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Re: Tables returning nil if no value
I hesitate to offer an alternative to "the correct solution", but in our
hash table (HT) package here at UCLA, we have nil as the undefined value and
an additional function, HT:KEY? that returns true if the key is defined in
the table (even with a nil value) and false otherwise. This has the advantage
that you can ignore the defined/undefined issue if you'd like. In general,
our solution has been to have the application (built on top of HT) decide
about the defined/undefined question.
I agree. My philosophy is always to let the user decide about the sticky
issues, while providing a clean way to implement the outcome of the decision.
...The default hashing function is OBJECT-HASH,
but the user can define another (as well as the equality predicate) in the
call to HT:CREATE.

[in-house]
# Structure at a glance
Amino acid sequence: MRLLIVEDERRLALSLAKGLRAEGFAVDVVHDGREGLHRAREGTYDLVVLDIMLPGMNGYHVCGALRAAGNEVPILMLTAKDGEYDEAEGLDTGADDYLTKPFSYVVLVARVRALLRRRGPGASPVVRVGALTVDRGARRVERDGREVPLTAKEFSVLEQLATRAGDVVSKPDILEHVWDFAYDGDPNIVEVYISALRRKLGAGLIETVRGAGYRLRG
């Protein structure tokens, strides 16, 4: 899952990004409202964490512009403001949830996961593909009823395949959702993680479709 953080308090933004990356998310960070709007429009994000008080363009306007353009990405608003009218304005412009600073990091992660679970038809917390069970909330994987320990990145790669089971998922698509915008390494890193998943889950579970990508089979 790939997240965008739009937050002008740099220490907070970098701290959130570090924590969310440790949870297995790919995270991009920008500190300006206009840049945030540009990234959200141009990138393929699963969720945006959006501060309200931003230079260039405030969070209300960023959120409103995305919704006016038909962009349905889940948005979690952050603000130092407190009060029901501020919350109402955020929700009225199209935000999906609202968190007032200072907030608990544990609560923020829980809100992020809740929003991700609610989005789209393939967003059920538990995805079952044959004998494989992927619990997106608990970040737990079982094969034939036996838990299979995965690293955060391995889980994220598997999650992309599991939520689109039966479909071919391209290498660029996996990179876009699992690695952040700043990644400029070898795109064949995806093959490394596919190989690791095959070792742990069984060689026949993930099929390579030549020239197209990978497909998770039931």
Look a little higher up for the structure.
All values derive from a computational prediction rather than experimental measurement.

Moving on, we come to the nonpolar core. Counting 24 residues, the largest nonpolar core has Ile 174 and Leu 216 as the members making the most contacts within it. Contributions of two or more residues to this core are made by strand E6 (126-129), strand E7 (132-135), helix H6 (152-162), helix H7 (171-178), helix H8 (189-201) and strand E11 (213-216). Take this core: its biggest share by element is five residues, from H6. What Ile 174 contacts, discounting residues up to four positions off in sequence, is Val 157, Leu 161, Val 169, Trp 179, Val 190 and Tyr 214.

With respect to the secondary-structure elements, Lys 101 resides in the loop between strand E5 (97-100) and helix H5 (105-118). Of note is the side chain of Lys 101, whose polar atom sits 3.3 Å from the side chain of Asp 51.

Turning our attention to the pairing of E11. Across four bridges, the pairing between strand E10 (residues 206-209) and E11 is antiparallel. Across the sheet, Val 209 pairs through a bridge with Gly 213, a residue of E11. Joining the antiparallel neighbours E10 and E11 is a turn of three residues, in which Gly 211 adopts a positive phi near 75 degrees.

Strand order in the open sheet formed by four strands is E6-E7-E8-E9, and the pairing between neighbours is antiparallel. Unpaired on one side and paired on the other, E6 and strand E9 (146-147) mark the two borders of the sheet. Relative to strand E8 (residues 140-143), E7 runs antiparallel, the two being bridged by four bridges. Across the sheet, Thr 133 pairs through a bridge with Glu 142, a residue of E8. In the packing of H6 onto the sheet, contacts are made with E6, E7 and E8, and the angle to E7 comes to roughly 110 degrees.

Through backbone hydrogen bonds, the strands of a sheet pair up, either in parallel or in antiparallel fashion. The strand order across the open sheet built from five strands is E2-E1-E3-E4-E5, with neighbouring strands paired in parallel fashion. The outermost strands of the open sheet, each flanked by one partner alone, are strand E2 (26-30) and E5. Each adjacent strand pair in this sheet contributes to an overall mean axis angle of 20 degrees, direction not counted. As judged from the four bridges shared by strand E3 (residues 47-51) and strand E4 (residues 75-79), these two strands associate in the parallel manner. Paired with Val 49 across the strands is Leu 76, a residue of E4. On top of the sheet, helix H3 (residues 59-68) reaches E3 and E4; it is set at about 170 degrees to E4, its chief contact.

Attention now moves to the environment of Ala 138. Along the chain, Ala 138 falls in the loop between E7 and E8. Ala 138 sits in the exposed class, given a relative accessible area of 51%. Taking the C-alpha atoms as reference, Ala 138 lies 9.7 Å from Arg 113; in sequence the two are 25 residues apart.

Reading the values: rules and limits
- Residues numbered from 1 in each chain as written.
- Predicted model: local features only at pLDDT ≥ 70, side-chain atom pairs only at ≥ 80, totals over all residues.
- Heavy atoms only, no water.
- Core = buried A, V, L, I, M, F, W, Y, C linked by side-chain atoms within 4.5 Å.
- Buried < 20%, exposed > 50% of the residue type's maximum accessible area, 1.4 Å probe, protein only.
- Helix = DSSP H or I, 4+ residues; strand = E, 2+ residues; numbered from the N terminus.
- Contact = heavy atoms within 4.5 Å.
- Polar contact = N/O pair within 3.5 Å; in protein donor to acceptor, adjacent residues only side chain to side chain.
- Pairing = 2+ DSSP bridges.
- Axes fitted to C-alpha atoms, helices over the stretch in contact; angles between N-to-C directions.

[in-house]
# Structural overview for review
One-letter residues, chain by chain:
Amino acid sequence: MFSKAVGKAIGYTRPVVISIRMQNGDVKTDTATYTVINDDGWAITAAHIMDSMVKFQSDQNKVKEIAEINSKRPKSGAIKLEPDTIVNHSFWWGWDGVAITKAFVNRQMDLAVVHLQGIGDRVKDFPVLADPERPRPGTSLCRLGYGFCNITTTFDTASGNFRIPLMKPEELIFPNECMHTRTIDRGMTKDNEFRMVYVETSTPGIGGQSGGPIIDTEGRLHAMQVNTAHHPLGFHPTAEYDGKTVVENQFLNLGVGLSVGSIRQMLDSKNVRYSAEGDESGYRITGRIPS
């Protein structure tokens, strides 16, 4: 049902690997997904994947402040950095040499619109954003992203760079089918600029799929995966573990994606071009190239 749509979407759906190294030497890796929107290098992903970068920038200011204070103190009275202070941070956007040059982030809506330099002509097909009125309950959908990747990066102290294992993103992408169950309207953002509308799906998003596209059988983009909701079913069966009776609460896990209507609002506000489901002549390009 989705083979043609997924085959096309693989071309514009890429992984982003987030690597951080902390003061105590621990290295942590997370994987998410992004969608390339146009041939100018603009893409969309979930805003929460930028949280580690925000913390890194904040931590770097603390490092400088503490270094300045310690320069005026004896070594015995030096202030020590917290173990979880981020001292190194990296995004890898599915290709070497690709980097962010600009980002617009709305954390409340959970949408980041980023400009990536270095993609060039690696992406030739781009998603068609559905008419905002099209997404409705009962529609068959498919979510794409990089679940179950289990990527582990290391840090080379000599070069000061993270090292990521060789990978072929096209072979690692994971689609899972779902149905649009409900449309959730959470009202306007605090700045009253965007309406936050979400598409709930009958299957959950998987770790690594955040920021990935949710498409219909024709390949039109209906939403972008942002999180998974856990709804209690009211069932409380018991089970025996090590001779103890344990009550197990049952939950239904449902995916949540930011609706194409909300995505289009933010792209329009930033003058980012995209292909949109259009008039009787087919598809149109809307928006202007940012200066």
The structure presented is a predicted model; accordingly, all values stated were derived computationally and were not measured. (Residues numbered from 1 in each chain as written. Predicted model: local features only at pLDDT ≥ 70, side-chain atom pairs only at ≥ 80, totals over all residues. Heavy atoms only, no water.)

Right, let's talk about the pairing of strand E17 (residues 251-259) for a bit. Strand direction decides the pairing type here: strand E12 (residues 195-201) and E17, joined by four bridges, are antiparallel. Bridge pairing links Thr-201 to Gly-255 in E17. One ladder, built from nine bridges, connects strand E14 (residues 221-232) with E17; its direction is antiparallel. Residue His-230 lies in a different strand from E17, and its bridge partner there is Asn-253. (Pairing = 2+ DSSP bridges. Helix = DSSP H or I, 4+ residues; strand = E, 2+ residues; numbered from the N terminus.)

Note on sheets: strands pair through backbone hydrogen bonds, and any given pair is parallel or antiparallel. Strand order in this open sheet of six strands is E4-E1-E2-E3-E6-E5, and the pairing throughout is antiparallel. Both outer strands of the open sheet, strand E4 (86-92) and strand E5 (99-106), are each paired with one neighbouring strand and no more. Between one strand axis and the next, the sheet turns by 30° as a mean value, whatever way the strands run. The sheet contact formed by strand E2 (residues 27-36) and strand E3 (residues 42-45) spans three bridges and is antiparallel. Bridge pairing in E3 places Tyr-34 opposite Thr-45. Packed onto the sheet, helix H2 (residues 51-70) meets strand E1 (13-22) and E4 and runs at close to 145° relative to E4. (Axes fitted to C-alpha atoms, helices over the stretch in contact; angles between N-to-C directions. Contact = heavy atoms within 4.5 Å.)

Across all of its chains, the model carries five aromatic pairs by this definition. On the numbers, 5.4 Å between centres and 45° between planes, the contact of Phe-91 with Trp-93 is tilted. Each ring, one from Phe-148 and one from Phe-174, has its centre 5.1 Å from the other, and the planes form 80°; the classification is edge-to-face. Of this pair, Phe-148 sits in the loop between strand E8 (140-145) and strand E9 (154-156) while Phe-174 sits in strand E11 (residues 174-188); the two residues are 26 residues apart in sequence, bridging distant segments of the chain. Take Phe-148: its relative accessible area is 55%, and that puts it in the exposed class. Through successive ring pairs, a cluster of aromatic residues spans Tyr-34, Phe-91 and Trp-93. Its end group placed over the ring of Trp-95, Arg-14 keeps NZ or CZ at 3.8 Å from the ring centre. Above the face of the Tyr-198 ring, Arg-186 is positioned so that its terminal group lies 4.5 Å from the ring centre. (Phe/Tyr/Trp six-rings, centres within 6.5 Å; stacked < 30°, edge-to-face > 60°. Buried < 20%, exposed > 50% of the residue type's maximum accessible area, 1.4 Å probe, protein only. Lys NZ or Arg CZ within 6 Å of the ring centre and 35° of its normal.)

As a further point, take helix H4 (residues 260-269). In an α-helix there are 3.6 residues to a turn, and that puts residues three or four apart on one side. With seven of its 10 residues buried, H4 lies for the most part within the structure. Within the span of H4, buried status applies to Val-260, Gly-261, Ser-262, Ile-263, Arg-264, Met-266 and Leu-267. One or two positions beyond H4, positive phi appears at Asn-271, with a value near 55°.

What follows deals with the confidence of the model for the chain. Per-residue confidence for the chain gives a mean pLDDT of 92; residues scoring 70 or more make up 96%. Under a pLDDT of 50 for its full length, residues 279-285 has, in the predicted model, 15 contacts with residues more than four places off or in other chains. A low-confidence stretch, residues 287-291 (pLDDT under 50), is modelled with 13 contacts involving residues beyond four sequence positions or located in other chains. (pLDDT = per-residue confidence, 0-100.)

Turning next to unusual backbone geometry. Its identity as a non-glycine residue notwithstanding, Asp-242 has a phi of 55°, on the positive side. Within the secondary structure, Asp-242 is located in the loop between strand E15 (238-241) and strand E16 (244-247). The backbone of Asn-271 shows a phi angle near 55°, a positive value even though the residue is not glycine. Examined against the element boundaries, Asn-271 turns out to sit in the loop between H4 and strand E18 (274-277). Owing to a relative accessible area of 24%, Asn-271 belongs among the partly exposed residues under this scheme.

This is also in concord with my philosophy. Provide nice defaults but never
sacrifice extensibility. For the HT problem, the hashing and equality functions
are the obvious examples of this. (I was surprised not to see functions
in your list that get the hashing and equality functions for an HT.)
The unobvious ones:
HT:FIND-ENTRY -- returns the first pair that satisfies a predicate.
HT:ADD/UPDATE -- add assumes the key is new, update the key is old.
HT:FIND-ENTRY (along with HT:MAP) don't seem to make much sense. What does
"the FIRST pair" mean? What significance would the order of entries returned
by HT:MAP have? Entries in a table don't have any endogenous order. HT:WALK,
by contrast, is fine (if you're into side-effects). It might be useful to
make HT:MAP return a table (in the obvious way, so that (COPY ht) is just
(HT:MAP IDENTITY ht)).